The sensory perceptions provided by the tangible products themselves are intangible as are the buying motives. There are now an increasing number of ways to satisfy these buying motives through digital and online options. Last FM is an application that tracks the songs being played on an individuals computer or other devices and updates the users online profile. Through doing this the satisfaction of pride usually provided by owning a physical product that can be shown off is replaced by a simple application that makes it ambiguous whether the songs have been payed for or not. This helps to bypass the security and avoids anxiety and ridicule.

Through linking printed items to online content many art forms and products may be reimagined and reinvigorated thus sustaining it in a largely digital design environment. The idea of 'Paper Computing' is certainly helping to reinvent and reinvigorate design for print. The Papercomp workshop team believe " In a near future, printed documents could become new ubiquitous interfaces for our everyday interactions with digital information. This is the dawn of paper computing." (2011) Papercomputing is a concept central to the future of print. Volumique are an interactive design company providing some of the most interesting and successful examples of what the future of print may look like.

A Quick Response code, or QR code, is a type of matrix barcode (or two-dimensional code) that was designed by Toyota subsidiary Denso Wave in 1994 for the automotive industry. It's purpose was to track vehicles during the manufacturing process. Due to it's large storage capacity and it's quick readability the codes have become popular with smartphone technology. The codes originally consisted of black rectangles arranged in a square pattern on a white background. The black rectangles and white background have been replaced often with other colours as long as their is an obvious contrast between the squares and background. The information encoded may consist of many types of information including binary, alphanumeric, or Kanji symbols. Websites have become a common type of data encoded due to the growing use of smart phones to browse the web. Free applications allow for you to scan any QR Code and then for a browser to launch for the site or other digital content to be viewed.

Night of the Living Dead pixels is an interactive printed work, in the form of a book, that unfolds to reveal a number of different paths through the story of Night of the Living Dead. The pages have QR Codes hidden among pixel art that, when scanned with a QR Code reader on a smart phone, reveals an animation of part of the story or one of its many endings. The digital side of the work uses PHP code and MySQL software according to the MOMA website.(2011) Not only does this work reimagine the book, and even film and gaming, using innovations in technology, it also provides an experience that print designers could not previously offer. Games are the most successful form of environment, in terms of producing profit, and to link the concept of gaming to the books and even films is one of the many avenues down which print might be sustained. This interactive print work provides an experience that can not be downloaded and is thus an example of how to sustain print in the modern environment. Ideas like this are ones that will help print design to flourish in our future digital environment.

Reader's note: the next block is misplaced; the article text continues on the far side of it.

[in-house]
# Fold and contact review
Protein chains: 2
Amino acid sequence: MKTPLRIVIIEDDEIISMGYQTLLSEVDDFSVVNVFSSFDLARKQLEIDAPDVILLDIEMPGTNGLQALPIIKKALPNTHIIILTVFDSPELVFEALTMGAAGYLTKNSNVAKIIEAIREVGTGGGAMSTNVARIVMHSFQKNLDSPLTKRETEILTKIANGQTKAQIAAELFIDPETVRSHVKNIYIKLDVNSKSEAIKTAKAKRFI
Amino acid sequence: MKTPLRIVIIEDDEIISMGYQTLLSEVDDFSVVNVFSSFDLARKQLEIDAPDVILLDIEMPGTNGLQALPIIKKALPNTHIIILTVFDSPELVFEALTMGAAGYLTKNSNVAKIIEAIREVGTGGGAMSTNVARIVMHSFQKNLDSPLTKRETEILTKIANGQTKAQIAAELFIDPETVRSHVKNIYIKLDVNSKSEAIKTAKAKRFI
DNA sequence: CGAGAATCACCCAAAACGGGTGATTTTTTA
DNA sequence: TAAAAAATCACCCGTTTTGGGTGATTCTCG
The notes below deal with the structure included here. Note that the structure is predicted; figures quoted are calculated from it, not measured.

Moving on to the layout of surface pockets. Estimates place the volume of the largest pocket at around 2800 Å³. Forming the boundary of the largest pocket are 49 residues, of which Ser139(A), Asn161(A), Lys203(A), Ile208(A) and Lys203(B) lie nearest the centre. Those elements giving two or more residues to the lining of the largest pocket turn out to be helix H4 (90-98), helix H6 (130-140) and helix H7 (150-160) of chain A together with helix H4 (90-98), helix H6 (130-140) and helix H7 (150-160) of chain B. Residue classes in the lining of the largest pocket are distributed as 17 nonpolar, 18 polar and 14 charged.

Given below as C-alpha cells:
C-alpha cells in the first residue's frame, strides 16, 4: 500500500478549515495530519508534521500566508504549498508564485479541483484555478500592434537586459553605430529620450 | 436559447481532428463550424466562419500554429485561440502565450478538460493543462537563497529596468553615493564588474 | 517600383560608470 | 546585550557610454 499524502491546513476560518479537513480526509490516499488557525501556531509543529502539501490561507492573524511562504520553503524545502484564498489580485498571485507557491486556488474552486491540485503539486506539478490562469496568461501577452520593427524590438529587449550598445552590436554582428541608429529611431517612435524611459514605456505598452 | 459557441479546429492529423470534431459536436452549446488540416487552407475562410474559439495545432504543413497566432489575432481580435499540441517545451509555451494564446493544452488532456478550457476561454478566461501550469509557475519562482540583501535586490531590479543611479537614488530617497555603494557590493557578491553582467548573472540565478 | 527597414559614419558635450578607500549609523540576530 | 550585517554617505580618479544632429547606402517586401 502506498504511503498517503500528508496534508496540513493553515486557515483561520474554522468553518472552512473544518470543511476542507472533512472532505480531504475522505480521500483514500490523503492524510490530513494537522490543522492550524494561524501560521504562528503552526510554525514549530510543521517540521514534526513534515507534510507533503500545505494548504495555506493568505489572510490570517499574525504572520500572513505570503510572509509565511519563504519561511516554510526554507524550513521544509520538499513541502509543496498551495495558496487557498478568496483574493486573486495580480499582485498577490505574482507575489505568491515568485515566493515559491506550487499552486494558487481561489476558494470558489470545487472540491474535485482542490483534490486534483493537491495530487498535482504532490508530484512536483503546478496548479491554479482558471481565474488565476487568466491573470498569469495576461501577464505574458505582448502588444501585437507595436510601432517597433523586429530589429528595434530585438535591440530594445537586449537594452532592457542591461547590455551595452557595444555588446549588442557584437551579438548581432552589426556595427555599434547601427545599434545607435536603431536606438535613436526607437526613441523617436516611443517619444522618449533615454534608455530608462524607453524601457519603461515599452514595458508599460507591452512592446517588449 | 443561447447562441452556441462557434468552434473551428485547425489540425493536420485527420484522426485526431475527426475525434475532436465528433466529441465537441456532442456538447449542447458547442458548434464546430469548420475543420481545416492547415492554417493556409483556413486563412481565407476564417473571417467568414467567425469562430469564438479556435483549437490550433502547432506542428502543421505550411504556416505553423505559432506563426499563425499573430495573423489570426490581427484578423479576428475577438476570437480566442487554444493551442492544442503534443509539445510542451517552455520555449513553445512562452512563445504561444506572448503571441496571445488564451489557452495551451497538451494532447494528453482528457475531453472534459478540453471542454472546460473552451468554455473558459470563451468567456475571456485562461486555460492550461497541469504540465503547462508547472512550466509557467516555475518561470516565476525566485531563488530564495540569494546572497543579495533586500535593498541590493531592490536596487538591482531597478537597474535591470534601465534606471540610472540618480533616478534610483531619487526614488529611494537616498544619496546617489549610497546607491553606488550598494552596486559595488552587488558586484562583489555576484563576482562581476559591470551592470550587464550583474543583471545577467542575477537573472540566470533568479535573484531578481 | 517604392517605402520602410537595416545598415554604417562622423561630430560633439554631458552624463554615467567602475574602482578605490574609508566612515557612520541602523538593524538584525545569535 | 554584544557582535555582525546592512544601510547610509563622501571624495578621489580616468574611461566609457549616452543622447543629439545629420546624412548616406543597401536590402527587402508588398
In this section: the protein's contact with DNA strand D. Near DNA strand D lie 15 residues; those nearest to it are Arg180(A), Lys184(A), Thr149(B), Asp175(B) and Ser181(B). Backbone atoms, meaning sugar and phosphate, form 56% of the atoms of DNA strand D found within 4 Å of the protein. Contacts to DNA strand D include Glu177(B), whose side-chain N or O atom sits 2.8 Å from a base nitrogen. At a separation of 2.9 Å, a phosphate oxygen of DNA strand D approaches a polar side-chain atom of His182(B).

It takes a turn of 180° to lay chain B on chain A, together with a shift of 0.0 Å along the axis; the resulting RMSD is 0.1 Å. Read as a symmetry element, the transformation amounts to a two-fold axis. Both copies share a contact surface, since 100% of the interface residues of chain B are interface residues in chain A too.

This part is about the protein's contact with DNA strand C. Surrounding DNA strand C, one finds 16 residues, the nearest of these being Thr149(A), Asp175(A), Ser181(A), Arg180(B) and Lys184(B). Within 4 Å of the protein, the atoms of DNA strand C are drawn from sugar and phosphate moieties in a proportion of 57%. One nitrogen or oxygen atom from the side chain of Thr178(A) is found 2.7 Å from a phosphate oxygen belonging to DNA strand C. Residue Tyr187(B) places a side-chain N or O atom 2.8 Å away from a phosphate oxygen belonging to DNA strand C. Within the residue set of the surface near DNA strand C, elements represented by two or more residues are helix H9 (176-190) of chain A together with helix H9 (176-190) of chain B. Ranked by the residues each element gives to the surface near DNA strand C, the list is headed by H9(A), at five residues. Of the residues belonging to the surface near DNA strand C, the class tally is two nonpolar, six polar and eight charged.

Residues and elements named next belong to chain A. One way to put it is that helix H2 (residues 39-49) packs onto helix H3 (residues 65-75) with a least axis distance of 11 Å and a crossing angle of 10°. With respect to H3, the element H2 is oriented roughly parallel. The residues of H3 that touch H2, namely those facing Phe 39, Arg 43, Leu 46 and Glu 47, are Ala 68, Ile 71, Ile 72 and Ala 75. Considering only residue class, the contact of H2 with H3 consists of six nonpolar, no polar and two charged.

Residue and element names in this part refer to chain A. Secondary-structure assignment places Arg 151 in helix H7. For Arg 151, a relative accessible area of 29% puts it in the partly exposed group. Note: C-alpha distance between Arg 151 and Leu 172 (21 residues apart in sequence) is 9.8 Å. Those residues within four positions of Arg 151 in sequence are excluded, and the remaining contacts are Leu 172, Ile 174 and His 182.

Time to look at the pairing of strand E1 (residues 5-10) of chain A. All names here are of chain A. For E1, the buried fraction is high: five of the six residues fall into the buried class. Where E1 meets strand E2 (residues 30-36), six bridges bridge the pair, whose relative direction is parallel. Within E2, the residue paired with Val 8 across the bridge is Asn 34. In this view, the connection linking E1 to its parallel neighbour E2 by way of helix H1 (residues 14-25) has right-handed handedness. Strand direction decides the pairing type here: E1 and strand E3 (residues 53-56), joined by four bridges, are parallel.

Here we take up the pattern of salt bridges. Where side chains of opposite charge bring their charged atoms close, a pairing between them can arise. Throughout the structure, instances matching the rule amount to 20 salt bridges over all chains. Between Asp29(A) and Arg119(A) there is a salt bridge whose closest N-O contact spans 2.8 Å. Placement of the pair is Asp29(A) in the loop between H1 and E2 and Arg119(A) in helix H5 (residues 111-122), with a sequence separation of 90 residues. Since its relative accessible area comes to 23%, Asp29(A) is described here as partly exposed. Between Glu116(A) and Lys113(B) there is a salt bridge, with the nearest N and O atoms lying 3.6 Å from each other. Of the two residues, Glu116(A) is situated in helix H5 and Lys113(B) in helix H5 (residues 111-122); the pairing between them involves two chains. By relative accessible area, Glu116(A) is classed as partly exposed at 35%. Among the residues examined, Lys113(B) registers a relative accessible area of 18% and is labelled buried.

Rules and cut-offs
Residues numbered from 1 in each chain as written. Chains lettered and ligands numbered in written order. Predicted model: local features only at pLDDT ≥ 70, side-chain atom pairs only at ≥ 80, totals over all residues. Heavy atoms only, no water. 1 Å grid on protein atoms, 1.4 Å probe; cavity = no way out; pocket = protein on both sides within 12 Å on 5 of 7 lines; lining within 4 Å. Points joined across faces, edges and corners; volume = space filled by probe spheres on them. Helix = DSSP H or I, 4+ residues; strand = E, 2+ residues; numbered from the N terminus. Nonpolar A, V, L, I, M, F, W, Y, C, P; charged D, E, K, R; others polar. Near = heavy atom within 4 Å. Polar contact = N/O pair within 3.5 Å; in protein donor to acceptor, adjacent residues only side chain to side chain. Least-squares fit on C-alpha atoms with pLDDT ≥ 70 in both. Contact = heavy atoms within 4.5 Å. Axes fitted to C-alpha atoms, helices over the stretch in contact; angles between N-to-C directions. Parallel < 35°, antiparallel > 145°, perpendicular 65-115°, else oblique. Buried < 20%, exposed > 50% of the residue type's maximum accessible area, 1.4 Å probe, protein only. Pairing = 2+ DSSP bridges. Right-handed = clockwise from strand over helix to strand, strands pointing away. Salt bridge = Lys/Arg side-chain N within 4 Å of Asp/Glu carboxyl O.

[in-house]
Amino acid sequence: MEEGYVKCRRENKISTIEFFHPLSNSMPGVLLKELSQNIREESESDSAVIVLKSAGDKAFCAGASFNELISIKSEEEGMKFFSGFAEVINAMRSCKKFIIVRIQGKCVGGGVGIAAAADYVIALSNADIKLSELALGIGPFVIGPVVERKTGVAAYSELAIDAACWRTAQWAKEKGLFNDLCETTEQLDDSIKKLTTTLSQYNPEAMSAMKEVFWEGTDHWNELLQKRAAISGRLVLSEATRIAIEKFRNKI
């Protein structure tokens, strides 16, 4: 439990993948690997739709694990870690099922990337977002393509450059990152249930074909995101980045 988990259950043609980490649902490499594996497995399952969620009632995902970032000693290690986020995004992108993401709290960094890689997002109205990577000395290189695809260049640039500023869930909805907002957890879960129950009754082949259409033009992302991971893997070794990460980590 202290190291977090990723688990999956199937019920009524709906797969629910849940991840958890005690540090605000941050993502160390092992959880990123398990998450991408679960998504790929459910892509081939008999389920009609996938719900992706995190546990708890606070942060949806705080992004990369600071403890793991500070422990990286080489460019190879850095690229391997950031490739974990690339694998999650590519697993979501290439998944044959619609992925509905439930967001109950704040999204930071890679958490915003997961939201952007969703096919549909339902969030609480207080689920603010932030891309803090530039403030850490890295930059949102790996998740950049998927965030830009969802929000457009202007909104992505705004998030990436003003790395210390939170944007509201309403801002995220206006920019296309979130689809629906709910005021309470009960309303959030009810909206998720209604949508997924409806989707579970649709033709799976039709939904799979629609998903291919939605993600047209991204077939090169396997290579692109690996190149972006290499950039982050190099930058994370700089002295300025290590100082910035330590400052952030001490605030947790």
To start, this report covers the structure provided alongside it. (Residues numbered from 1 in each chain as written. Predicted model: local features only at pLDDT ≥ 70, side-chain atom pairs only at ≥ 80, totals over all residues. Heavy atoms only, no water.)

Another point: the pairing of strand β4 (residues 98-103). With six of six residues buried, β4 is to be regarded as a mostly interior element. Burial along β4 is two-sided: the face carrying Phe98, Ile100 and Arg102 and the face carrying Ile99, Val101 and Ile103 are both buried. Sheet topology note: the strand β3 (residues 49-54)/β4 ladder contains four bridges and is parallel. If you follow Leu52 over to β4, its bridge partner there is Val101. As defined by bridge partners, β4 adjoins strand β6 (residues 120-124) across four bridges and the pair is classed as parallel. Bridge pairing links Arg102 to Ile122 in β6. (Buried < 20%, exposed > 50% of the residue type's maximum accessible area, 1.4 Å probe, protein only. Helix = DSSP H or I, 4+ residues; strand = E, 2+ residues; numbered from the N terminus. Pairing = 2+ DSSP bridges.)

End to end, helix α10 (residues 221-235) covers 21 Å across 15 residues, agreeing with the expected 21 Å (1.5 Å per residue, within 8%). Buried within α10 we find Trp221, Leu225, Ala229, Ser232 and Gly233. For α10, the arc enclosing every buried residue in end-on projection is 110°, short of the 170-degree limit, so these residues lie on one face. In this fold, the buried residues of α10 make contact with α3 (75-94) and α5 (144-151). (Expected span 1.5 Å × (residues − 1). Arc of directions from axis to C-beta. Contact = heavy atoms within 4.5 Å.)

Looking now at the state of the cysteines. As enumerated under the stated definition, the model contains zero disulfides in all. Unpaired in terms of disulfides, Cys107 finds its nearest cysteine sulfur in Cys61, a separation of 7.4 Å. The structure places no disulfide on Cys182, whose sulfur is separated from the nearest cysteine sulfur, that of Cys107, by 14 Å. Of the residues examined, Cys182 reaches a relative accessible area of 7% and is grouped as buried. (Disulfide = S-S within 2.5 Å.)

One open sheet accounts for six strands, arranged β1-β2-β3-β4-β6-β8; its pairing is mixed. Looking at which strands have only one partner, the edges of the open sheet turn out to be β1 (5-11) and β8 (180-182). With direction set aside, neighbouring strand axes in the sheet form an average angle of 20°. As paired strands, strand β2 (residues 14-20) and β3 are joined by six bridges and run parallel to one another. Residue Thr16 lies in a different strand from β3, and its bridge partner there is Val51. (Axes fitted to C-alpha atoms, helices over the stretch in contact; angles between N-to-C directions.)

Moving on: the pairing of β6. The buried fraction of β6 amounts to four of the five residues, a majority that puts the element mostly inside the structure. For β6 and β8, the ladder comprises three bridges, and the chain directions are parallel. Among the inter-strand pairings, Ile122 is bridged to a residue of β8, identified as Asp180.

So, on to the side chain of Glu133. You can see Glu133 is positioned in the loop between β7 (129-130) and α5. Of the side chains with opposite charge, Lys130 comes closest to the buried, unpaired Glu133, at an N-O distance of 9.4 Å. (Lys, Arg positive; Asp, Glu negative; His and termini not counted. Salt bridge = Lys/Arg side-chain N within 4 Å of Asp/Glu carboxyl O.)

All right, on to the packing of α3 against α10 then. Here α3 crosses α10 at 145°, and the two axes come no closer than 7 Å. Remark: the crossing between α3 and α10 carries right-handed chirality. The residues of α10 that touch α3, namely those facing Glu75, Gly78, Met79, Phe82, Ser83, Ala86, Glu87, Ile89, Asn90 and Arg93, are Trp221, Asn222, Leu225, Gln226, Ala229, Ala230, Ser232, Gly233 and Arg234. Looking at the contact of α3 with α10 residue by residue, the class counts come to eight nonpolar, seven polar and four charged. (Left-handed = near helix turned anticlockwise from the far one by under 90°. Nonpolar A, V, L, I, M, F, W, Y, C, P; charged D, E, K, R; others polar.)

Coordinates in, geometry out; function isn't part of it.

This use of technology may not work for all designers as QR Codes are limiting in their appearance.Their design can only be manipulated so much before they cease to function. Designs might be themed around geometric patterns in order to sit more harmoniously with the codes. In Night of the Living Dead pixels the pixel-like squares of the QR code set the theme for the visual aesthetic and concept of the book. This approach may not suit many designers who are successful due to a characteristic style. Organic designs done by hand may not marry well with the codes and in a reaction to the over use of QR Codes to add a quick interactive element to a print work, many designers may reject this sort of technology in favour of organic and hand drawn works with no interconnectivity with the web at all.